By Shinichi Akiyama, Hitoshi Omae
MOSCOW – On Jan. 22, Prime Minister Shinzo Abe held his 25th meeting with Russian President Vladimir Putin to achieve progress in negotiations on the signing of a peace treaty including the Northern Territories issue. On Jan. 14, the Japanese and Russian foreign ministers met, but their meeting ended only in highlighting the rift in positions between the two nations. Eight days later, Abe tried to find a breakthrough in this stagnation by leveraging his “relationship of trust” with Putin, but he failed to make concrete headway. The Russian leader appears to find it difficult to respond to Japan’s call for the return of the Northern Territories due to complicated issues at home.
At the Jan. 22 joint press conference, Abe reiterated his commitment to the signing of a peace treaty. He said he gave instructions to hold a foreign ministerial meeting or a vice-ministerial meeting by the special representatives of the two leaders in February to advance negotiations, but it is hard to say that the summit has produced much-expected results.
The Abe-Putin summit was initially aimed at getting back on track negotiations that had stalled during the Jan. 14 meeting between Foreign Minister Taro Kono and his Russian counterpart Sergey Lavrov.
It is true that the foreign ministerial meeting produced little outstanding progress. An official with the Japanese Ministry of Foreign Affairs pointed out that “the Japanese and Russian leaders will need to present a grand vision at their summit to address the stalemate.” Japan and Russia had also been expected to identify issues of priority in negotiations, arrange a visit by Abe to Russia in spring and “begin drafting clauses” of a peace treaty.
But at the latest summit, the Japanese and Russian leaders only agreed on a few things, such as grave visits by former residents of the islands by airplane for the third time and the facilitation of economic activities on the Northern Territories. At the joint press conference, Abe stressed that we “will promote joint efforts to find a mutually acceptable solution under my and President Putin’s leadership.” But that only proves that negotiations did not make substantial progress.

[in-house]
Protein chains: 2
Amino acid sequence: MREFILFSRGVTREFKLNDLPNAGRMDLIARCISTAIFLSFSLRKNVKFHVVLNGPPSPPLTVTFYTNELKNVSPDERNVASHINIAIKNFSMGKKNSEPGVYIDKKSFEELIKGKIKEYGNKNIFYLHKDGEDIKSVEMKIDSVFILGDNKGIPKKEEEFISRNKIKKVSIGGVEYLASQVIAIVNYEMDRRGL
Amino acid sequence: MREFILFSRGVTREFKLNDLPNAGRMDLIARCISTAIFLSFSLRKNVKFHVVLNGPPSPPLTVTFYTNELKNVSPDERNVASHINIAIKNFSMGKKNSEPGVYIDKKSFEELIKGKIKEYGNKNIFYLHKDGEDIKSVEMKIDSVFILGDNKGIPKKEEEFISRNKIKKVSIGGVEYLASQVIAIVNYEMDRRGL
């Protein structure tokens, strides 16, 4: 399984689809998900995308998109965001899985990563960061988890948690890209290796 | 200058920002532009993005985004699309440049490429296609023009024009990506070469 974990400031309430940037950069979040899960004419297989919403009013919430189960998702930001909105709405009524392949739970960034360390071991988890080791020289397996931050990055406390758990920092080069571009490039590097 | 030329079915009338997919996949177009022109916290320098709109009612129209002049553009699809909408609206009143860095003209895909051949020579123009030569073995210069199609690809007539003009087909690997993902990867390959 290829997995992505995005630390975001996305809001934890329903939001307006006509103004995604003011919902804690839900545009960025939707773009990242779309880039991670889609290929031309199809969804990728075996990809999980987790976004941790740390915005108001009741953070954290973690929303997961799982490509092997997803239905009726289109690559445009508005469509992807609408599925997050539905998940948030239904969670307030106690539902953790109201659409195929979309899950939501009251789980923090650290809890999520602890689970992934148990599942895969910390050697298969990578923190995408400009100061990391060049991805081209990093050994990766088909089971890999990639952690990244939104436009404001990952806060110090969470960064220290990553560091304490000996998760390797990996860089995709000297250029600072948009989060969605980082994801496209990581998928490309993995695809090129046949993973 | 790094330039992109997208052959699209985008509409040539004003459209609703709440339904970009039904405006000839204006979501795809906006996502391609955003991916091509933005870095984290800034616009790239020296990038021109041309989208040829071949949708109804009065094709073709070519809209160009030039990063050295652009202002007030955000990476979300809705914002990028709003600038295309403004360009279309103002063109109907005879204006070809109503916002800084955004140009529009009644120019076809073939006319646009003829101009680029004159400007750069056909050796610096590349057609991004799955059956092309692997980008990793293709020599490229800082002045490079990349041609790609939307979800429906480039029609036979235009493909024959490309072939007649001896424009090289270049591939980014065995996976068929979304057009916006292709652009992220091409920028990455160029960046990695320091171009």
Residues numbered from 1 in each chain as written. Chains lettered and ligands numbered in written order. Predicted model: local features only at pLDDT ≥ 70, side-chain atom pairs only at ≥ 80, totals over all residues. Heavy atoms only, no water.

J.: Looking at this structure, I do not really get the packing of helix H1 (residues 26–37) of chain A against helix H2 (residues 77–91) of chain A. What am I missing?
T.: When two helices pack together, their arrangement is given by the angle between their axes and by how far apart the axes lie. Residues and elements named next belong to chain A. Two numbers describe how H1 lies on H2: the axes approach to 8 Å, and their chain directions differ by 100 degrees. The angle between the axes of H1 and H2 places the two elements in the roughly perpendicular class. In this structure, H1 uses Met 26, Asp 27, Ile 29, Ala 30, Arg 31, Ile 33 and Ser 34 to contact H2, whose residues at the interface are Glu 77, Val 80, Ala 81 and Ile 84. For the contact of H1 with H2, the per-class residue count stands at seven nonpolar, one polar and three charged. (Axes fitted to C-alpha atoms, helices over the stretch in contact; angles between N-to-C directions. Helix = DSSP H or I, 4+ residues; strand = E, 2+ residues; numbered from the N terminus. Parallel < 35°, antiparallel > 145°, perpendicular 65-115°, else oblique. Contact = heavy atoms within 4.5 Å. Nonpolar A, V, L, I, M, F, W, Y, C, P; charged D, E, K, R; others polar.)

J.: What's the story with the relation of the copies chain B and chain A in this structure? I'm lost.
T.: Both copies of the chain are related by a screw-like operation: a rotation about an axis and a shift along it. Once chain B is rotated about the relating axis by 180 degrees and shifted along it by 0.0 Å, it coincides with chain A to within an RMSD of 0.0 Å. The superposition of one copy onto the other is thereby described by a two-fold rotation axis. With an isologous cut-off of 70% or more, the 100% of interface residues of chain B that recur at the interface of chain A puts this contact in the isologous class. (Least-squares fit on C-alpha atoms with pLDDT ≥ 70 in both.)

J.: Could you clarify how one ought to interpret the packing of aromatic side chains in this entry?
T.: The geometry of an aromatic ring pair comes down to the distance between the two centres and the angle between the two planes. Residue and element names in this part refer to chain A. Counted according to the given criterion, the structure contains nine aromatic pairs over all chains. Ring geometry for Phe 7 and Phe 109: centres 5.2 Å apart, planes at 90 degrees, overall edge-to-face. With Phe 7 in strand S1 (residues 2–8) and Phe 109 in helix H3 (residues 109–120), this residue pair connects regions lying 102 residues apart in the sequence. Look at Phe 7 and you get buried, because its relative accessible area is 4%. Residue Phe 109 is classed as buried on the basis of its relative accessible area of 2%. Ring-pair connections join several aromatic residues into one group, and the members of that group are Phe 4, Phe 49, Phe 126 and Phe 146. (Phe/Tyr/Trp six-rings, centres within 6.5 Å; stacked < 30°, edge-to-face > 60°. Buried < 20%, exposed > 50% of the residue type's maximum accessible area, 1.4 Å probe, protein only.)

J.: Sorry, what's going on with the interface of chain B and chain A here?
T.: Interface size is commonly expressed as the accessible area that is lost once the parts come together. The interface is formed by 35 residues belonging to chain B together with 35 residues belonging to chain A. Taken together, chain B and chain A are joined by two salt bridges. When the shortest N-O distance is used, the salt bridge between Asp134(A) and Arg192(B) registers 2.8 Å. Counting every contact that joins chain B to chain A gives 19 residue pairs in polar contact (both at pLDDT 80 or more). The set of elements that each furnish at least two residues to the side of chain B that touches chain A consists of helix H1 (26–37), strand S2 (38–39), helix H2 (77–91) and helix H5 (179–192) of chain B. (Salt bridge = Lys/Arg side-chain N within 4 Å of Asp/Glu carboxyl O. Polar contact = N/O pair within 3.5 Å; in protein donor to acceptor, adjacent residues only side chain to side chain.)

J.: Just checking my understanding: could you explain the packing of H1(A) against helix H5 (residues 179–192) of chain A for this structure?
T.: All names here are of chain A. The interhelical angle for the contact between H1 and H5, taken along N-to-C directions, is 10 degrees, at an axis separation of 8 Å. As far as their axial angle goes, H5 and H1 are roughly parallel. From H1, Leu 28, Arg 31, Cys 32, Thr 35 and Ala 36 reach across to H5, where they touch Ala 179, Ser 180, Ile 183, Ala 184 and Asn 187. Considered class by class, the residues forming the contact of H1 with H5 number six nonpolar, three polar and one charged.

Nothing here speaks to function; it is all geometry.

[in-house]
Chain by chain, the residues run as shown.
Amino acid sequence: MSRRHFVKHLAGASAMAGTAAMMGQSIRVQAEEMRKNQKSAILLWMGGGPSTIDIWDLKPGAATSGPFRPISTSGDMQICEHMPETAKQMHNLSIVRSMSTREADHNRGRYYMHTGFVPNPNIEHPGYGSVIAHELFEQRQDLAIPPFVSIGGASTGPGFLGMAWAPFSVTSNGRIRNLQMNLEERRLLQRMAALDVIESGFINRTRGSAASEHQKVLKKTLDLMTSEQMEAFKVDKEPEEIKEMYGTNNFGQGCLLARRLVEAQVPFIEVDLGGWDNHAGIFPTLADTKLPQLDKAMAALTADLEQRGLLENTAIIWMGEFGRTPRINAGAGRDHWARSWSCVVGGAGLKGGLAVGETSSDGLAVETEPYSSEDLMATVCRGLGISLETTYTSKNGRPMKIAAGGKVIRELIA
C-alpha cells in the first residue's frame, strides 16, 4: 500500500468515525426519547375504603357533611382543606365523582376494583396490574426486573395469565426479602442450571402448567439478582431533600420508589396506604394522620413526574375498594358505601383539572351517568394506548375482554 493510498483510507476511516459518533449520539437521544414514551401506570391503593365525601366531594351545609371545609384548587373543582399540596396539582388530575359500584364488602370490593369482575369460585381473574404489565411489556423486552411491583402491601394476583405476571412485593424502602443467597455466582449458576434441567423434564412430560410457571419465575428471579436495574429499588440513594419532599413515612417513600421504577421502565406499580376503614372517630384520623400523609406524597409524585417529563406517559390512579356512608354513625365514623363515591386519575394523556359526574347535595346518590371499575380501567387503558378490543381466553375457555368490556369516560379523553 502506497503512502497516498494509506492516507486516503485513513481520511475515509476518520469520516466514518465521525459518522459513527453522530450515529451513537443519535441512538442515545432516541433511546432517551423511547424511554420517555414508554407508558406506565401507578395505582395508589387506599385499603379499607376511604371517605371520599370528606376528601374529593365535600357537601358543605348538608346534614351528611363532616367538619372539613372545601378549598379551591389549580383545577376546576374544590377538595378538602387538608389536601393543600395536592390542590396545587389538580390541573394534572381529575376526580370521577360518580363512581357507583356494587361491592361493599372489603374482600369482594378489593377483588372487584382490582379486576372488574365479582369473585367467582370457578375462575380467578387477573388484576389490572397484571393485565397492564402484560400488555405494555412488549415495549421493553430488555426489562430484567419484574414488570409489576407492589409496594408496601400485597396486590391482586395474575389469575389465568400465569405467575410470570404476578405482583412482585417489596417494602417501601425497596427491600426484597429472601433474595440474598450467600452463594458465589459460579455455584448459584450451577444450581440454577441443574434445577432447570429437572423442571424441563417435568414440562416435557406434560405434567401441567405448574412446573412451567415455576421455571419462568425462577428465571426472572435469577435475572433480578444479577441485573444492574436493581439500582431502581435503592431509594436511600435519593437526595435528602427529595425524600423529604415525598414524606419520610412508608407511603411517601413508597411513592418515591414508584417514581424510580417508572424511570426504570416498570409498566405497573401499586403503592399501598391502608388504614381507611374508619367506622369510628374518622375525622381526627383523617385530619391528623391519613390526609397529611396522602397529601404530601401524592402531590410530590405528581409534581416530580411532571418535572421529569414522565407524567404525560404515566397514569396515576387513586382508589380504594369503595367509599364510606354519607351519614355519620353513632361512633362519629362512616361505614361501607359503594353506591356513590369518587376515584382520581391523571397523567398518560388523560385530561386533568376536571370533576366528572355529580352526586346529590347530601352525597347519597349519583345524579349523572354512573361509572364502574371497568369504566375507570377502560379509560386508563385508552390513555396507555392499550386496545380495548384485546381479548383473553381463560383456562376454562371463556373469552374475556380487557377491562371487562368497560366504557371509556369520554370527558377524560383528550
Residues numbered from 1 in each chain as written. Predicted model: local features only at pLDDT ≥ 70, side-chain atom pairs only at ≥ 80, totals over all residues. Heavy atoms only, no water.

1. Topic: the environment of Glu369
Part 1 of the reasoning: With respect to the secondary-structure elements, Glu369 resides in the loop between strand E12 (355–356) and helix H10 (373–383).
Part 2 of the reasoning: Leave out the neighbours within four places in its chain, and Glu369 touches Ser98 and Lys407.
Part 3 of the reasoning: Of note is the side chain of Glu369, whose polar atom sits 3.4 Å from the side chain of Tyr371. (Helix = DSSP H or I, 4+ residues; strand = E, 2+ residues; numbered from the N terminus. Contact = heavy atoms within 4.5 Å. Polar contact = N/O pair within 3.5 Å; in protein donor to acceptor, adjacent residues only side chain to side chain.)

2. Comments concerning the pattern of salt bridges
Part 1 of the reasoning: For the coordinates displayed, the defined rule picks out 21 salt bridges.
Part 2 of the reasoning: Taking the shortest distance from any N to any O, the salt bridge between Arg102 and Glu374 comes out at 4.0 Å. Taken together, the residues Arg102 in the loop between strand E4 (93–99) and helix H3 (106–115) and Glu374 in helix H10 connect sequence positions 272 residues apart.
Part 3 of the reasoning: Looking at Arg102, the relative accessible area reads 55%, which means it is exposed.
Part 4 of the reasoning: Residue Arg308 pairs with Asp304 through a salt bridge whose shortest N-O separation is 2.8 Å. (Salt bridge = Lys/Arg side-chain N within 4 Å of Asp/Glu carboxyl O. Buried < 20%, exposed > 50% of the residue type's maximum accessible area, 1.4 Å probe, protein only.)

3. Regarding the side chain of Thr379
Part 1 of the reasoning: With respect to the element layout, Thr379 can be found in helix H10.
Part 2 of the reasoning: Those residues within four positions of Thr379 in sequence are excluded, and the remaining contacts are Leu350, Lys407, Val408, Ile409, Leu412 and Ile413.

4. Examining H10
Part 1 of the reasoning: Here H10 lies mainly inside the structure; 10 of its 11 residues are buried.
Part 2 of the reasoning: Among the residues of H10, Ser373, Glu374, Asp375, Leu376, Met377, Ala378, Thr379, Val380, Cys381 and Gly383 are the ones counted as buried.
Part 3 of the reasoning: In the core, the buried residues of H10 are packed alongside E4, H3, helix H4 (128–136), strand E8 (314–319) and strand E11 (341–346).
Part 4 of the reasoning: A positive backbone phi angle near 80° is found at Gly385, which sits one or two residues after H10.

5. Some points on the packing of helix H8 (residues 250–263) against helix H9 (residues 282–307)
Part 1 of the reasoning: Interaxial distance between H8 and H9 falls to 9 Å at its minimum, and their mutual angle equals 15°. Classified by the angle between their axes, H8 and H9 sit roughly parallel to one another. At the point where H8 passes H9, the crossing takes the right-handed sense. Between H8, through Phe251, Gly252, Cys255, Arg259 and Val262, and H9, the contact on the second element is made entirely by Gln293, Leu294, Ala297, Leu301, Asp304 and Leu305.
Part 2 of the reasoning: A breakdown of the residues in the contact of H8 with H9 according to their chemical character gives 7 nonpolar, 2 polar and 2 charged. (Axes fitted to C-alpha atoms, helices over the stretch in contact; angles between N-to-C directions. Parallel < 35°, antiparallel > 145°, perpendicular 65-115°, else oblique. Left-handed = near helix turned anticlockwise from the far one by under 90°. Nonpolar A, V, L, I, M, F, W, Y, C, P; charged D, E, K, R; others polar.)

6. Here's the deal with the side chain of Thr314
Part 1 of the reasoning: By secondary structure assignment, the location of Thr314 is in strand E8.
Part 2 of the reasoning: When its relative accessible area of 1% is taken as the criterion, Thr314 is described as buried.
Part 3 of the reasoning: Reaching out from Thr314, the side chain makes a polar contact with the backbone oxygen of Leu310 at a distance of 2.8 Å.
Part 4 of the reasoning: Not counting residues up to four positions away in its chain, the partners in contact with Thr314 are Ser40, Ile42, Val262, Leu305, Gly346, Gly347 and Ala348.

Abe has been telling people around him that “we must accelerate efforts to deal with Russia.” He is passionately seeking to clinch a deal with President Putin, who is scheduled to visit Japan for the G20 summit in June. As the ruling camp is predicted to face an uphill battle in this summer’s Upper House election, he may want to achieve “results” ahead of the race. Yet the outlook for negotiations remains dim.
Russia poised to deal with a peace treaty over a longer span of time
President Putin emphasized at his joint press conference with Abe that Japan and Russia must sign a peace treaty that is “supported by the people of the two countries.”
In Russia, the public had not shown a strong interest in the Northern Territories issue for some time, but concern about the territorial handover has been spreading since peace treaty negotiations began this month. Putin’s comment at the press conference highlights that the Russian leader may have taken into consideration this public sentiment.
On Jan. 20, the opposition camp, which includes a range of both leftists and rightists, held a rally against the handover in Moscow, drawing about 2,000 participants. On Jan. 22, a similar rally was held in front of the Japanese Embassy in Moscow. According to informed sources, at least 15 people were arrested.
In peace treaty negotiations, Russia has been calling on Japan to make concessions on issues concerning the history related to the outcome of World War II as well as the U.S. forces in Japan. It may use growing anti-handover sentiment to mount pressure on Japan to move forward negotiations.
On the other hand, if public interest in the territorial issue continues to grow stronger, the Putin government may turn assertive to tighten control on public opinion. But when to tighten control may become a difficult decision to make. According to a Russian diplomatic source, Russia is “pessimistic about reaching a basic agreement for signing a peace treaty by June.” Nonetheless, if negotiations make progress beyond all expectations, anti-handover sentiment may become an obstacle.
Russia wants Japan’s cooperation in a range of economic fields. After the Japan-Russia foreign ministerial talks on Jan. 14, Lavrov mentioned that Russia is looking to work closely with Japan in nuclear energy and space.
In Russia it has been rumored since the end of last year that Russia is seeking to build a long-term storage facility for radioactive waste in cooperation with Japan. Japan and Russia signed a nuclear energy pact in 2009, but no projects have taken shape yet. An expert on the Japan-Russia relationship gives the following analysis: “Russia may want to get Japan engaged in a large project so it cannot reverse its policies with Russia after Abe steps down.” Abe aims to conclude a peace treaty while he is in office, whereas Russia is poised to deal with the issue over a longer span of time. (Abridged)